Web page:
|By Arabian Post Staff| The much-expected boom for trade hubs like Dubai from the opening up of Iran market has not materialised yet, as traders still face several impediments to doing business with that country.
While it is true that global majors have announced a series of major deals with Teheran, investors are showing continued reluctance to enter Iran due to the impact of the US sanctions on Iranian trade and investment following the implementation of the Joint Comprehensive Plan of Action (JCPOA) in January 2016.
Dubai traders, who traditionally have had strong links with the Iranian markets, are yet to re-establish a strong foothold as there still face issues with financial transactions.
“Despite the implementation of the deal in January 2016, many foreign investors remain hesitant to move into the Iranian market since the necessary banking channels to facilitate payments are yet to be formally put in place,”says Azadeh Meskarian, Solicitor at Zaiwalla & Co’s Iran Desk.
London-based Zaiwalla & Co. handled cases for clients such as Iran’s Bank Mellat in addition to advising international firms looking to enter the Iranian market.
Although all financial and banking sanctions imposed on Iran as a result of its non-proliferation activities have been annulled, many banks remain hesitant to officially return to the Iranian market, she points out.
The remaining US primary sanctions and restrictions prohibiting any Iranian person or entity from conducting a transaction in US dollar as well as settlement agreements between the relevant banks and the US authorities by which many banks including HSBC, Standard Chartered and BNP Paribas were fined as a result of evading the sanctions for providing services to Iranian individuals and entities, remain a strong deterring factor in this respect.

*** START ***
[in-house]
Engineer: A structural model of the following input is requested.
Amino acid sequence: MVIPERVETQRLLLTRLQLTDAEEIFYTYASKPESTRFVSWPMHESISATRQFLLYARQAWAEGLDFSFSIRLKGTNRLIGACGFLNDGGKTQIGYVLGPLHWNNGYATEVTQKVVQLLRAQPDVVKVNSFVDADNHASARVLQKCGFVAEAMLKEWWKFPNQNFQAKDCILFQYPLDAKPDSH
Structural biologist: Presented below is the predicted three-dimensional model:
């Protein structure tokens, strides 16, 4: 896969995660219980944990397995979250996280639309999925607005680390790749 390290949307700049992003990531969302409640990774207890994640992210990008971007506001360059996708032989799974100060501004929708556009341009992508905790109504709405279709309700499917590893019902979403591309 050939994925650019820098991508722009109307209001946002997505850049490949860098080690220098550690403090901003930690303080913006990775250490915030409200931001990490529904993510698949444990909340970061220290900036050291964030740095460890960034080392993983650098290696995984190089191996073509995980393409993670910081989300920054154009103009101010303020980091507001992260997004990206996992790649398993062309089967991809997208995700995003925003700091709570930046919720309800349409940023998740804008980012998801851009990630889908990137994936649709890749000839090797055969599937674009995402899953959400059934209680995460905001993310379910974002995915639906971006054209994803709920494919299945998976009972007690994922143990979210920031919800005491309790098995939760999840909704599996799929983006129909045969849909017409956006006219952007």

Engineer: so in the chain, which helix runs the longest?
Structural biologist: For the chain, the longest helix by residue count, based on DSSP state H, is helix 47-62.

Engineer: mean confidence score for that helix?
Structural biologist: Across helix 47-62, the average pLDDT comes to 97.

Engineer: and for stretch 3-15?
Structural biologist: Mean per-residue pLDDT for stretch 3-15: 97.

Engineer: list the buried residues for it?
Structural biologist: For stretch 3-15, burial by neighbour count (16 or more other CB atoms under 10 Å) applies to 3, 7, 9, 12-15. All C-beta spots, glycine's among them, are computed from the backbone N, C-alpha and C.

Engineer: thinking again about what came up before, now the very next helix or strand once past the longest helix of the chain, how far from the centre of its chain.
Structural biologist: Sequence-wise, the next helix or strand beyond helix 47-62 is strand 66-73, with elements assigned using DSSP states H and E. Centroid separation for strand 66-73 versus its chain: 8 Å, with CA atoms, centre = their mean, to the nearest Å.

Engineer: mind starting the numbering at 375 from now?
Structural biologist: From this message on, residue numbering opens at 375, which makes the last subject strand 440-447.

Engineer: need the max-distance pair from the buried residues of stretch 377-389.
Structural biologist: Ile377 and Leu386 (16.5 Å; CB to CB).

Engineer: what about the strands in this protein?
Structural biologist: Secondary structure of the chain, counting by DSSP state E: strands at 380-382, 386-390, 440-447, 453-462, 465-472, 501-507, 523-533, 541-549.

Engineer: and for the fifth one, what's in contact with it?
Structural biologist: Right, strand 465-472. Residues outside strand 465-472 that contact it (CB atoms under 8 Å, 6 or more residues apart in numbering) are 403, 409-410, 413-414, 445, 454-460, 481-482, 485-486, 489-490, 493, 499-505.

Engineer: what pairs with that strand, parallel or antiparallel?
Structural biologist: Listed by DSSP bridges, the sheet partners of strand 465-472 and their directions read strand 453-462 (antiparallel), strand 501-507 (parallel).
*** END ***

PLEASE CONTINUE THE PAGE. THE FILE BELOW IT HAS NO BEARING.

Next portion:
“It is understood that the settlement agreements and deferred prosecutions include terms prohibiting some of these banks and institutions from growing their Iran business or returning to the Iranian market for a certain period of time,” Meskarian says. HSBC was slapped a fine of $1.9 billion and Standard Chartered $327 million and while BNP Paribas has been burdened with $8.9 billion in penalties.
According to the solicitor, the heavy fines are a strong discouraging element, keep banks vigilant from potential actions they could face for re-establishing channels with Iran.
“Pursuant to the terms of the JCPOA, the parties made a commitment to take adequate administrative and regulatory measures to ensure clarity and effectiveness of the lifting of the sanctions, and it is therefore essential for the necessary financial channels to be re-established for trade relationships to substantiate,” she points out.
Although there has been some positive steps taken by smaller banks and financial institutions, the larger banks remain cautious about the US primary sanctions as well as potential serious consequences they could face for attempting to re-engage with Iran.